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Non-Motorized Transportation Safety

Traffic deaths have declined nationally from over 54,000 in the 1970s to under 39,000 in 2020.1 This is a decrease of over 30%, occurring even as the population rose 60% over the same time. However, this decline does not account for differences in risk between motorized and non-motorized roadway users. Motor vehicle passengers have seen the greatest increases in safety measures, resulting in the largest decline in roadway related deaths. While pedestrian and bicycling deaths are slightly below earlier peaks, there has been a backslide in recent years. Now, more Americans are dying on foot or bicycle than any year since 1990.

Motor vehicles are safer than ever for drivers and passengers. However, these new vehicles are more likely to be heavier and more dangerous for pedestrians and bicyclists if a crash occurs. Investments in safety engineering and design have lowered severe traffic incidents considerably for vehicles; however, pedestrian and bicyclist infrastructure has lagged in the meantime.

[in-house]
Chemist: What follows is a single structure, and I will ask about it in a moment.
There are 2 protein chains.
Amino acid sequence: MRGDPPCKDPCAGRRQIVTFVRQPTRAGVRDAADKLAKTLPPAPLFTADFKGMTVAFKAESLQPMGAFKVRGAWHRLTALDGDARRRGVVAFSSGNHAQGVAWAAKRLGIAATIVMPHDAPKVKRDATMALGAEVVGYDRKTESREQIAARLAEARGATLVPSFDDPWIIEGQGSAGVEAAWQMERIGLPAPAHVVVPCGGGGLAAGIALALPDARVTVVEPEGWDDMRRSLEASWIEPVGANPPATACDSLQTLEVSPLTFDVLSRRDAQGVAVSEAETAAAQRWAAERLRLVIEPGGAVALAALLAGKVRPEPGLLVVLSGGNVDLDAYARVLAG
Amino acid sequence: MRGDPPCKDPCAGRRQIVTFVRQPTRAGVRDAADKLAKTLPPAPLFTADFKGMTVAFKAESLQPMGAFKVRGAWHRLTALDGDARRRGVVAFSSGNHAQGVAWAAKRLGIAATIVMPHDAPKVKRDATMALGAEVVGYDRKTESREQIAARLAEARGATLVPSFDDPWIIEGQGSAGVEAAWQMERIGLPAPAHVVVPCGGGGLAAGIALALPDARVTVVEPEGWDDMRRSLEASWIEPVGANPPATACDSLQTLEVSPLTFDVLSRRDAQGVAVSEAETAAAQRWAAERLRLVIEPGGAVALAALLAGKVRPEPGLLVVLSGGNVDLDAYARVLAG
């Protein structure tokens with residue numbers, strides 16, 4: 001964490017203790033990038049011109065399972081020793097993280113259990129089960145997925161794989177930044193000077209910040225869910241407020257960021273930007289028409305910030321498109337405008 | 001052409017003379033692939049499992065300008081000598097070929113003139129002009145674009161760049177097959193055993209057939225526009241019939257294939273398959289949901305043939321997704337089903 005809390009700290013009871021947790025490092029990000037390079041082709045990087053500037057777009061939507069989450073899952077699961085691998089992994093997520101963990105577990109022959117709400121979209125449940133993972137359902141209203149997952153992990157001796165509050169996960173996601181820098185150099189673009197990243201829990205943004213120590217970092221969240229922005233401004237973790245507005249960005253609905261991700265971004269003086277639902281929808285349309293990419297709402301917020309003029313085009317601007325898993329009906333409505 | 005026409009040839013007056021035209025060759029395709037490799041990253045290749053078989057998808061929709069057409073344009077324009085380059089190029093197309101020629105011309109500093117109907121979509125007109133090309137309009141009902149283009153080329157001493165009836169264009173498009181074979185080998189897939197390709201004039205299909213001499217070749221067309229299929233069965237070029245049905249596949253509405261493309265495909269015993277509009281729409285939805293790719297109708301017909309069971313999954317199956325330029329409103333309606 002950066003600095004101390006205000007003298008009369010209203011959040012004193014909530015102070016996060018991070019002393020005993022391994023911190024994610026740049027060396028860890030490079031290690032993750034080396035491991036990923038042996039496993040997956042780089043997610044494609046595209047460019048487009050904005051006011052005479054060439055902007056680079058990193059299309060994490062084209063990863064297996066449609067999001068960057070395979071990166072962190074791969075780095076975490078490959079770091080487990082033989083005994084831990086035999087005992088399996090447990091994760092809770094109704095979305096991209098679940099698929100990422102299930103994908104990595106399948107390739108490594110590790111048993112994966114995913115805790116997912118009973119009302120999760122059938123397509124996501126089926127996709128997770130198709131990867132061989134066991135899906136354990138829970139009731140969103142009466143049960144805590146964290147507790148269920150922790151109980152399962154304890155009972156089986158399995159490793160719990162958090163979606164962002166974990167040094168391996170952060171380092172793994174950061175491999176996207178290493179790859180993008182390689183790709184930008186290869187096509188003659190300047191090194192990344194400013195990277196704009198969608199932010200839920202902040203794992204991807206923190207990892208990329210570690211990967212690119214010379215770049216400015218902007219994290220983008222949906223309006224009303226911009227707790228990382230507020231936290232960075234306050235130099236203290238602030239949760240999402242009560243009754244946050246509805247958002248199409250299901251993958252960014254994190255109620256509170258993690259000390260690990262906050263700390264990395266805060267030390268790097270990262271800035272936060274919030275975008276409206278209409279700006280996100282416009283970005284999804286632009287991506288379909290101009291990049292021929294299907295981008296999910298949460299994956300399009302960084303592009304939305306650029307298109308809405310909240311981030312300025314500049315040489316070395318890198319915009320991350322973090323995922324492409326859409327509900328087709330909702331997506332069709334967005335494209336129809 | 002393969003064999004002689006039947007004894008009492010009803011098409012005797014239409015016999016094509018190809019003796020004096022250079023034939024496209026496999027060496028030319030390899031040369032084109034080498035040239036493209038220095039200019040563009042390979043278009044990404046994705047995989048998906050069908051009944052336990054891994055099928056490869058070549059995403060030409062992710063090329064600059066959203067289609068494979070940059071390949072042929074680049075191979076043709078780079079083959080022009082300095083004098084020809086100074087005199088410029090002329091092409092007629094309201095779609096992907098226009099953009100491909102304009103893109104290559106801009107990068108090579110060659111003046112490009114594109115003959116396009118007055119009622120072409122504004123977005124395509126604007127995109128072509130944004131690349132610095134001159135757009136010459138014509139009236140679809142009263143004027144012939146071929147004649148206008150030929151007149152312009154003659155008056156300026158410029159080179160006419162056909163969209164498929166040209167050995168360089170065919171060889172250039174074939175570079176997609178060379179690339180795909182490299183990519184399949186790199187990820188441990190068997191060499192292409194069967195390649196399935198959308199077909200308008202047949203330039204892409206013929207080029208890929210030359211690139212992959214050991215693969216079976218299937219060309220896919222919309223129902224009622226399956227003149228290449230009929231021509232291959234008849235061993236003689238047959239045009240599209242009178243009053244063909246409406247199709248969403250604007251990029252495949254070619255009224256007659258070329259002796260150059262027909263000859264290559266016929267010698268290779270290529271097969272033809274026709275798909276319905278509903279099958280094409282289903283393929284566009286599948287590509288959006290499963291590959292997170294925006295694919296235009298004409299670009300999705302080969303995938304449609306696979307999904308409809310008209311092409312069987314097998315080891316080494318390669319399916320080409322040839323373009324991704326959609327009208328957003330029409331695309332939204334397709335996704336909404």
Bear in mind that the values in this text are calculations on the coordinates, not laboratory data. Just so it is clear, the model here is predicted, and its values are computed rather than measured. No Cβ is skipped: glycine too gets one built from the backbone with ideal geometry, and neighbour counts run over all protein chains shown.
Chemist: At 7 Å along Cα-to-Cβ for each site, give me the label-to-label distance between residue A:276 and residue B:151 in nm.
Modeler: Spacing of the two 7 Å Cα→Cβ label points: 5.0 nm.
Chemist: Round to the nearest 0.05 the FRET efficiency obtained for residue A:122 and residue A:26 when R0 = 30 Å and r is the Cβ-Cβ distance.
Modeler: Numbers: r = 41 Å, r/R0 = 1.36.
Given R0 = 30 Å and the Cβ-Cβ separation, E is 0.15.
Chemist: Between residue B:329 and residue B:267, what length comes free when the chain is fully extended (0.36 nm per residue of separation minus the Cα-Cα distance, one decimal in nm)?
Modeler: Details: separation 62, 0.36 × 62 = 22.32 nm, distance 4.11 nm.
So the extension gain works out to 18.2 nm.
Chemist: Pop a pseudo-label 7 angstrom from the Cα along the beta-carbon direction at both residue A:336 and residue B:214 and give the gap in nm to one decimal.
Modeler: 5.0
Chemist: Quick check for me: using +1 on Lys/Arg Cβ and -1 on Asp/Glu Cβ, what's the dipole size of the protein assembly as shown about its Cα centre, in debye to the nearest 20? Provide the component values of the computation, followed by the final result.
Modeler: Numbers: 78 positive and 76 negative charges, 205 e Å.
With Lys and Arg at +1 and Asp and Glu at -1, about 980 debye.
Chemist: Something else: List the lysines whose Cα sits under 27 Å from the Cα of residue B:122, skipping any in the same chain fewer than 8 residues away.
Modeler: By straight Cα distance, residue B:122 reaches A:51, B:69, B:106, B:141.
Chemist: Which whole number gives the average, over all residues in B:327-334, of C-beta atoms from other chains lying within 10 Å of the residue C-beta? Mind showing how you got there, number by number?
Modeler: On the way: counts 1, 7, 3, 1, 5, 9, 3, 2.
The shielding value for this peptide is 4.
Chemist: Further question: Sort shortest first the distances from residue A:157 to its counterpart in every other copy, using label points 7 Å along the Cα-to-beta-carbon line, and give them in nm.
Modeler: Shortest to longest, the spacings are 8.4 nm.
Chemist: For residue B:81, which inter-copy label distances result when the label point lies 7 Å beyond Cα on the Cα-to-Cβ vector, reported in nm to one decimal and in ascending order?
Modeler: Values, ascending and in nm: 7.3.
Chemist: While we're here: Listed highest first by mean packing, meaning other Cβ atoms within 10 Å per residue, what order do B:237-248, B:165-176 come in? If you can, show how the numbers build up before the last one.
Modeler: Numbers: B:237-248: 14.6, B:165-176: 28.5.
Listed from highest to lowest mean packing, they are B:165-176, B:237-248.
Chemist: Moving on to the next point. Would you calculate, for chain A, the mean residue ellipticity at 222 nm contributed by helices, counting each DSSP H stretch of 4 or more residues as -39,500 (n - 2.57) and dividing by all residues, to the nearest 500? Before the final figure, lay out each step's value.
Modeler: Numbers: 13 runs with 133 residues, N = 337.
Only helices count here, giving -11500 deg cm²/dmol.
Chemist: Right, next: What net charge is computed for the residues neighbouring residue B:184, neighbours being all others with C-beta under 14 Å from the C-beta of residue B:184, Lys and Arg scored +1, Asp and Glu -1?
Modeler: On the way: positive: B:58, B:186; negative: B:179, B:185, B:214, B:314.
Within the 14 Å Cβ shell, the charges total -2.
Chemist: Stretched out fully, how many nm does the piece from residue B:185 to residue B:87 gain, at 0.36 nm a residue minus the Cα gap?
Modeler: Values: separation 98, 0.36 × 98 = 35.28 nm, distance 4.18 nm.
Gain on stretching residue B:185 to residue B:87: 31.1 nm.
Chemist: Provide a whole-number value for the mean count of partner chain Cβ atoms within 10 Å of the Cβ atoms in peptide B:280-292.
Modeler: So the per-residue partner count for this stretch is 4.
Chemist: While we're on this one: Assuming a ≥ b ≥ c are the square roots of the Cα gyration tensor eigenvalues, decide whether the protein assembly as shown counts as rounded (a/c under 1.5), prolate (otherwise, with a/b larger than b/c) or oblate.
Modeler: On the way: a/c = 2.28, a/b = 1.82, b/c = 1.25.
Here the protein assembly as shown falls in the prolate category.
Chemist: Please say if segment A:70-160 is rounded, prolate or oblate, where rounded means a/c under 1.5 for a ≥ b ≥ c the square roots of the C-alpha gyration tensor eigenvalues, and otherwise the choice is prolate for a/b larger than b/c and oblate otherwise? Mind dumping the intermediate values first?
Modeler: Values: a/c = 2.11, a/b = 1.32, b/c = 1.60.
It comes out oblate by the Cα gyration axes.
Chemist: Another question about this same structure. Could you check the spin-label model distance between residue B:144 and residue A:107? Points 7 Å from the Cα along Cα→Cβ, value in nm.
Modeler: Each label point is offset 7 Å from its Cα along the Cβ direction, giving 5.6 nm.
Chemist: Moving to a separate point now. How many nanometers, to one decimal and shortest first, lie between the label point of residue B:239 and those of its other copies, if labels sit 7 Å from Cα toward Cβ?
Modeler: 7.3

In 2020, 7,709 (one-fifth) of roadway deaths were our roadway’s most vulnerable users: pedestrians and bicyclists. In Minnesota, 58 of 364 roadway deaths were people walking and bicycling.2 For much of the twentieth century, deaths or serious injuries resulting from traffic crashes were thought of as an unfortunate but unavoidable side effect of the automobile. That sentiment has changed with the growth of increased safety awareness and policies. Initiatives like Vision Zero and Minnesota’s Toward Zero Deaths program have grown over the previous two decades, contending that even a single death on the nation’s roadways is too many.

U.S. roadways have become safer even as they handle more traffic every year. More people are traveling more miles than ever, but deaths and injuries have fallen from their peak decades ago. For roadway users, deaths peaked in the 1970s. However, increased pedestrian and bicyclist deaths in the past decade have led to the highest share of deaths for those roadway users as seen in Figure 1. Transportation agencies have work to do in order to make the nation’s transportation system safe for all users, especially the most vulnerable.

Figure 1. Total share of traffic deaths for pedestrians and bicyclists nationally from 1975 to 20203


1. NHTSA 2020 Annual Report https://crashstats.nhtsa.dot.gov/Api/Public/ViewPublication/813266.
2. “Transportation Safety, Minnesota,” Bureau of Transportation Statistics, accessed June 1, 2021, https://www.bts.gov/browse-statistical-products-and-data/state-transportation-statistics/transportation-safety.
3. “Traffic Safety Facts Annual Report Tables,” National Highway Traffic Safety Administration, accessed June 1, 2021, https://cdan.nhtsa.gov/tsftables/tsfar.htm#; NHTSA 2020 Annual Report https://crashstats.nhtsa.dot.gov/Api/Public/ViewPublication/813266.

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